One day, Charlie and Marianne had left for swim practice, and Isaac was home alone. Well, not quite alone. This week, there was a parakeet staying in their house. They were bird-sitting for friends who were out of town.
The friends had dropped the parakeet off that morning, and the parakeet wasn’t pleased at all. It scolded Isaac every time he walked near its cage. As its cage was on the kitchen counter, Isaac had come face to face with a very angry sky-blue bird whenever he wanted a drink of water.
Luckily, after the third time listening to the avian equivalent of nails on a chalkboard, Isaac had taken his cup with him. The water from the bathroom sink wasn’t as cold as water from the kitchen, but it was just as wet.
After a few hours curled up on the couch reading a mystery novel, Isaac realized that he had a new problem. He was starting to feel hungry. It was probably time to start cooking lunch, so that it would be ready when Marianne and Charlie came home.
That would mean spending time in the kitchen, and cooking took more time than getting a drink of water. Maybe Charlie and Marianne would like to go out for lunch? Isaac considered the idea.
Unfortunately, they couldn’t really go out to eat every meal for the next week. Not only would that break their budget and be terribly unhealthy, they really didn’t have the time. Isaac sighed. He might as well begin as he meant to continue. Maybe the bird would get used to him and stop scolding him after a while?
Isaac put a pot of water on the stove and waited for it to boil. The parakeet screeched angrily at him. Isaac looked at the cage carefully, to make sure the bird had food and water and wasn’t accidentally sitting on a pile of thumbtacks. The bird screeched louder as he checked the cage, but otherwise seemed fine.
Isaac turned away. After a moment or two, the bird’s angry chirping grew just a little quieter. Isaac sighed. Truly, this was going to be a long week. Isaac looked down at the pot on the stove. It was still not boiling.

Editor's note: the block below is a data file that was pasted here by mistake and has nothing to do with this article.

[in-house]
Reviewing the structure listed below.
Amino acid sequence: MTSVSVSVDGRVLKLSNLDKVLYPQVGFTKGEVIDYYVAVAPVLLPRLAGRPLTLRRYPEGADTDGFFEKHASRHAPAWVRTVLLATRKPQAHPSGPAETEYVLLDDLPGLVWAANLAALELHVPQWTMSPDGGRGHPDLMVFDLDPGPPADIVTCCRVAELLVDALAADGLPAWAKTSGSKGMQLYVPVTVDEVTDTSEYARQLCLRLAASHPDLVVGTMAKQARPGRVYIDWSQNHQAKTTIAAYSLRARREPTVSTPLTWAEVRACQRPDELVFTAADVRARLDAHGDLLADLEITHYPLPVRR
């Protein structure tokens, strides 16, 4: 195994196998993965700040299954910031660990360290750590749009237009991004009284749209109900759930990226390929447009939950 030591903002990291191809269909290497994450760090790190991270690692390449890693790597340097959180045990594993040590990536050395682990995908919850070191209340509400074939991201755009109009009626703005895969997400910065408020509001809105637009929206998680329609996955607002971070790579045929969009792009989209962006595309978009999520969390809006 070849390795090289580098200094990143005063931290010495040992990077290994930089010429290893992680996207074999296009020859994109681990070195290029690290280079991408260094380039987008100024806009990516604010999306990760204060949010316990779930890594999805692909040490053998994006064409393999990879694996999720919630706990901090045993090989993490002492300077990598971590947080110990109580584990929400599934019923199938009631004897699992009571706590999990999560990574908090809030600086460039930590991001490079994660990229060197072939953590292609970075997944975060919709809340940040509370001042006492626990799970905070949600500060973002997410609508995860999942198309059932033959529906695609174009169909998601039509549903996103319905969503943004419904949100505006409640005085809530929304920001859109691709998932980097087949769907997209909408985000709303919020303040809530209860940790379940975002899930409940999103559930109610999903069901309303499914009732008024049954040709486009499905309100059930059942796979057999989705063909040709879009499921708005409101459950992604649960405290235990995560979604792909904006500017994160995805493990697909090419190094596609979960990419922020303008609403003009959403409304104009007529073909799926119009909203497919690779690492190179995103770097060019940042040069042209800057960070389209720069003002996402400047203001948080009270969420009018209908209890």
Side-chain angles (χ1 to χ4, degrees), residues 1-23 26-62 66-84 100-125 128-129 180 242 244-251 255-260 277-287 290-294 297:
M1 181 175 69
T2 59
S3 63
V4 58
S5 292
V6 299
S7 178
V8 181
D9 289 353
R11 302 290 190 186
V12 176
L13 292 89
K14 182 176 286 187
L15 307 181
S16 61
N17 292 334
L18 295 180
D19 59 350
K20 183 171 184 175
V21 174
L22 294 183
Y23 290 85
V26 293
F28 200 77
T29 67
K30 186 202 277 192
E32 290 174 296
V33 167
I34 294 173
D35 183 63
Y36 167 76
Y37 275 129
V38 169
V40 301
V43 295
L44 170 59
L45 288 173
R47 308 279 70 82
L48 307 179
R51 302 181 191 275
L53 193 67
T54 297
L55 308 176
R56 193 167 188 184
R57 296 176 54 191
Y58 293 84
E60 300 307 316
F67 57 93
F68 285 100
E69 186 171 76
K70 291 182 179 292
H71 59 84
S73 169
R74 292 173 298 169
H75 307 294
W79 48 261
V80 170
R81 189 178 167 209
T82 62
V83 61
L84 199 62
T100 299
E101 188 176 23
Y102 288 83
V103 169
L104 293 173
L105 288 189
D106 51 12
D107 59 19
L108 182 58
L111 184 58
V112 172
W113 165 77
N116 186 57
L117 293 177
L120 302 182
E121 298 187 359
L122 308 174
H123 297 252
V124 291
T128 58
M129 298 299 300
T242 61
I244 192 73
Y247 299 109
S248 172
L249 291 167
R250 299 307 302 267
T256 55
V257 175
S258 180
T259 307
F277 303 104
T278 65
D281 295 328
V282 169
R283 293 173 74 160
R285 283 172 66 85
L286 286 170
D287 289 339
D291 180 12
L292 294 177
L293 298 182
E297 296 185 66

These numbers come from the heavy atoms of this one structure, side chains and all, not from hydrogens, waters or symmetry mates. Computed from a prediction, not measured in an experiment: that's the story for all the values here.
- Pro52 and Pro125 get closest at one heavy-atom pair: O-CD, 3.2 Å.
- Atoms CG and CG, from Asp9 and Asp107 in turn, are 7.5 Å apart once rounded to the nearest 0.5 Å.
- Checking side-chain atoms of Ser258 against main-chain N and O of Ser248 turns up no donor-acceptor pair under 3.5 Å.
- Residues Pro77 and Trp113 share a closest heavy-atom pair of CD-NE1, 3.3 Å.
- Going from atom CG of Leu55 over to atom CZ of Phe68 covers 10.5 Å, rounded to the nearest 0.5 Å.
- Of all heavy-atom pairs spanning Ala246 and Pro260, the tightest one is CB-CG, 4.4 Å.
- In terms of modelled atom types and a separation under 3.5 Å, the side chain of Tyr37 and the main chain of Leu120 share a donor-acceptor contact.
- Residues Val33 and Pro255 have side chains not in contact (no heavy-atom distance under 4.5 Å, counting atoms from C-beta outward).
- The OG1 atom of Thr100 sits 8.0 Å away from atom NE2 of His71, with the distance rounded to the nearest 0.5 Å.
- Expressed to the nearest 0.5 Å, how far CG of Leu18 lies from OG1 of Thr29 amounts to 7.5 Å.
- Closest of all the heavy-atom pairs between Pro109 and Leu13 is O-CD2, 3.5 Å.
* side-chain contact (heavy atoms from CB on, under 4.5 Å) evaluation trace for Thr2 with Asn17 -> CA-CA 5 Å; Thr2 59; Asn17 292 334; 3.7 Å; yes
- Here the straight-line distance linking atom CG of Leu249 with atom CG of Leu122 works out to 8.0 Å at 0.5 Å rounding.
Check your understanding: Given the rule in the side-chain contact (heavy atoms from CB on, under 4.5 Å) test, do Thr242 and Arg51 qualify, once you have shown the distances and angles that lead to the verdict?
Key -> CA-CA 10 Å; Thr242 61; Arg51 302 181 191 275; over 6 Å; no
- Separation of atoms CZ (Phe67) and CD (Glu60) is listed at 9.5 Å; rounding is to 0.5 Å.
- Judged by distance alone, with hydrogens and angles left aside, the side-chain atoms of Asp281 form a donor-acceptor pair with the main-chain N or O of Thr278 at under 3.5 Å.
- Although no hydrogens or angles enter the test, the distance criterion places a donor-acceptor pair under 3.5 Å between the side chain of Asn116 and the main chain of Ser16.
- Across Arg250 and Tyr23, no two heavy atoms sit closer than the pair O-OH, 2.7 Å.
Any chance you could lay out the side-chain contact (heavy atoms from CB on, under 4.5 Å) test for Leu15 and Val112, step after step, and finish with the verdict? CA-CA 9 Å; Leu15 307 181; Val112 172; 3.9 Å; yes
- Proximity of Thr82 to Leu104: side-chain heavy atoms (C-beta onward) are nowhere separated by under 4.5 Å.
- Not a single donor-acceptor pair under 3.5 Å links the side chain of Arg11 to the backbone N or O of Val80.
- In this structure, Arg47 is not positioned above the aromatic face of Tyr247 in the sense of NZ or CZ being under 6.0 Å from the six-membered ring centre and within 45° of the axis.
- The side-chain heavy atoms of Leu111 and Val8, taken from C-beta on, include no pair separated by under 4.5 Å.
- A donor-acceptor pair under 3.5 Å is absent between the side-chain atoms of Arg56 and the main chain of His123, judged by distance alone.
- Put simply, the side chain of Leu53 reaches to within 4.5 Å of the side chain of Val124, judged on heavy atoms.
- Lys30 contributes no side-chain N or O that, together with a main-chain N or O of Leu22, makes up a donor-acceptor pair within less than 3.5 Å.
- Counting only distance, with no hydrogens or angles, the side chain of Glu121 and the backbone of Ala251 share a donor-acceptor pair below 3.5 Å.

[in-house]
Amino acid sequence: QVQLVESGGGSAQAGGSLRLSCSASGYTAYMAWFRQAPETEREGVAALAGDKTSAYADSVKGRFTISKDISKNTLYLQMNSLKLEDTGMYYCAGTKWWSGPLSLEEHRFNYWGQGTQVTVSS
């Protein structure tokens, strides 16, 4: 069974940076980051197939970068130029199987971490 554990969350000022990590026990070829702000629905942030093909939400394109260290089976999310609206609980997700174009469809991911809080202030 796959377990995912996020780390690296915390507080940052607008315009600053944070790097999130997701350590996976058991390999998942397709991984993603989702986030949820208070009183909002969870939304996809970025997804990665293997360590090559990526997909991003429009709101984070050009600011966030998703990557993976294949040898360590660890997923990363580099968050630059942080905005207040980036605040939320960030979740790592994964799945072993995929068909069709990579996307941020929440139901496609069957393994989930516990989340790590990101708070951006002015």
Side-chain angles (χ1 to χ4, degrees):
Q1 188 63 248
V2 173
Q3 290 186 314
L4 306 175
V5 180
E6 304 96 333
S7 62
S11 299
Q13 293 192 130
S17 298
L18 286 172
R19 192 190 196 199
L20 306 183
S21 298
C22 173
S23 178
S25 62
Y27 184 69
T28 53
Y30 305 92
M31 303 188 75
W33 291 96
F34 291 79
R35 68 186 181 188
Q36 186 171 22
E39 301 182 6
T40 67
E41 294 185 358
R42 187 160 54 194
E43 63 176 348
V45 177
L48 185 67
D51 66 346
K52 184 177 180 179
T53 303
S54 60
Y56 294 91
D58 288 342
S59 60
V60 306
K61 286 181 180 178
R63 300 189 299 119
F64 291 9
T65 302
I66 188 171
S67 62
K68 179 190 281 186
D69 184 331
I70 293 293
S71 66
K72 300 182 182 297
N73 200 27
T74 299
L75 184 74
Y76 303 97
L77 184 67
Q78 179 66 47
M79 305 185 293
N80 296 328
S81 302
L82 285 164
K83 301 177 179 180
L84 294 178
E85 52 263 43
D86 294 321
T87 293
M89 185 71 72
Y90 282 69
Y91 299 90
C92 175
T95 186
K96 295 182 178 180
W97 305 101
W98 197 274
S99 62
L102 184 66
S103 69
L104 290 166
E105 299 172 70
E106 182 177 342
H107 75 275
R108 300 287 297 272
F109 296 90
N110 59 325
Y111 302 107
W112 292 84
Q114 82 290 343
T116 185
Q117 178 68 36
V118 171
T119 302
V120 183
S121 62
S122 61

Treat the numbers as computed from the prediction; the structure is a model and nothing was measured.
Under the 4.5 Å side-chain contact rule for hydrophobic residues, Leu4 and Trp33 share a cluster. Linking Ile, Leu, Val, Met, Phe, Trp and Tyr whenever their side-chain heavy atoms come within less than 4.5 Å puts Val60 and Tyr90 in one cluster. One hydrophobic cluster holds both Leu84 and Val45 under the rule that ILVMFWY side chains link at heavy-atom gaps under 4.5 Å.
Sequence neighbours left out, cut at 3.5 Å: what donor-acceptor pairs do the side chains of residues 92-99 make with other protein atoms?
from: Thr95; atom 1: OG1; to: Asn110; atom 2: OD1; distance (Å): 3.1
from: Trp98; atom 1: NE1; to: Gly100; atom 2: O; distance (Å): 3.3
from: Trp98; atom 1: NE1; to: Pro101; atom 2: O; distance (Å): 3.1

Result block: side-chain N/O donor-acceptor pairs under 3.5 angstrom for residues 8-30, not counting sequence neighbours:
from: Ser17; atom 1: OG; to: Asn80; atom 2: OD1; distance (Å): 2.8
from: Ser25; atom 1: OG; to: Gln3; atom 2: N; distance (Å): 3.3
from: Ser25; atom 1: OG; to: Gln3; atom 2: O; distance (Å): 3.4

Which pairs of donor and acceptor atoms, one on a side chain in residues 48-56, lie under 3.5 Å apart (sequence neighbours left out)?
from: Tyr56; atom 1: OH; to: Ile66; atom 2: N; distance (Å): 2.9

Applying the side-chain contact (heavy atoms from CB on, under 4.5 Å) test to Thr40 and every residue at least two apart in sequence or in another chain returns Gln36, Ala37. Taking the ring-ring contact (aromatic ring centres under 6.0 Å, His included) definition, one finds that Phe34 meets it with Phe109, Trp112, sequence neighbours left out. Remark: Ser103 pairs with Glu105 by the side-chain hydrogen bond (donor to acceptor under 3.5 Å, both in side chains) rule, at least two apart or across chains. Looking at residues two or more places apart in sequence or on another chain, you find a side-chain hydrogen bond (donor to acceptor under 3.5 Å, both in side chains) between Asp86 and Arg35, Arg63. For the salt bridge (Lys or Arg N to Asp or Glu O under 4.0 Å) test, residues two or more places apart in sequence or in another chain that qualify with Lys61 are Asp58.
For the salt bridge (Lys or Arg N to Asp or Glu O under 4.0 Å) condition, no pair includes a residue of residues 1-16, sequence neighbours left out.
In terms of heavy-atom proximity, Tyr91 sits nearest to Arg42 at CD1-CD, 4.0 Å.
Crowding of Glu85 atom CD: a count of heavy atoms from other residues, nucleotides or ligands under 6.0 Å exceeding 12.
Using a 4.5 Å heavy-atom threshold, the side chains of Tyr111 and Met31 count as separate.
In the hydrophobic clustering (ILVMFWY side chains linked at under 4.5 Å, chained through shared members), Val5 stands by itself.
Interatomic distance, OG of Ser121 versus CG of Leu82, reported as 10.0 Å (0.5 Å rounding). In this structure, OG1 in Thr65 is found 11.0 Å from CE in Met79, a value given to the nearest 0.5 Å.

He turned away from the pot. The bird began to screech more loudly. He sighed again and looked back at the pot. Still not boiling.
Isaac waited and waited and waited. The bird screeched angrily behind him. The pot still wouldn’t boil. It felt like it had been hours and hours and hours, and still he waited. The pot still wouldn’t boil. Nothing changed.
He continued to wait. How long did it take water to boil anyway? Was it not boiling because he was watching it? He closed his eyes and listened to the angry parakeet. He peeked. Still not boiling.
Just then, someone started knocking on the front door. Isaac left the angry screeching and not-boiling pot to answer the door. Two men in green coveralls were standing outside. They flashed ID badges that appeared to be written in a strange language that was all boxes and squiggles and phases of the moon.
“Has your day seemed especially long in the last little while?” the man with the mustache asked.
“Yes, how did you know?” Isaac asked.
“Our sensors indicated a time bubble inside your dwelling. Would you mind if we entered and made some repairs?” the man without a mustache asked.
“Okay,” Isaac said, and he stepped aside.
The men strode towards the kitchen and paused just outside the door. “Parakeet?” asked the mustached man. Isaac nodded. The man laughed. “I thought so. They certainly are creative with their insults, aren’t they?”
The men pulled invisible tools out of their pockets. It looked like they were fixing some sort of something in the middle of the empty doorway. Isaac watched in fascination and wondered if they could see what they were working on. If they could see it, why couldn’t he?
Suddenly there was a pop. The parakeet shrieked especially loudly, and Isaac could hear the pot boiling on the stove. The men smiled.
“All fixed. I don’t think you’ll have another problem,” the not-mustached man said.
“Thank you,” Isaac said.
The men left, and Isaac started cooking the ravioli for lunch. He hummed along with the screeching, and eventually the parakeet stopped screeching altogether and just watched him suspiciously as he worked.
Marianne and Charlie came home as he was setting the table. “How was swimming?” he asked.
“Nice,” Charlie said. “The water wasn’t as cold today.”
“How was your morning?” Marianne asked.
“Longer than usual,” Isaac said.
“Well, maybe you can take a nap later,” she replied. They sat down to eat lunch, and suddenly the parakeet started crooning happily.
“What a sweet bird,” Marianne said. “We should get one just like that.”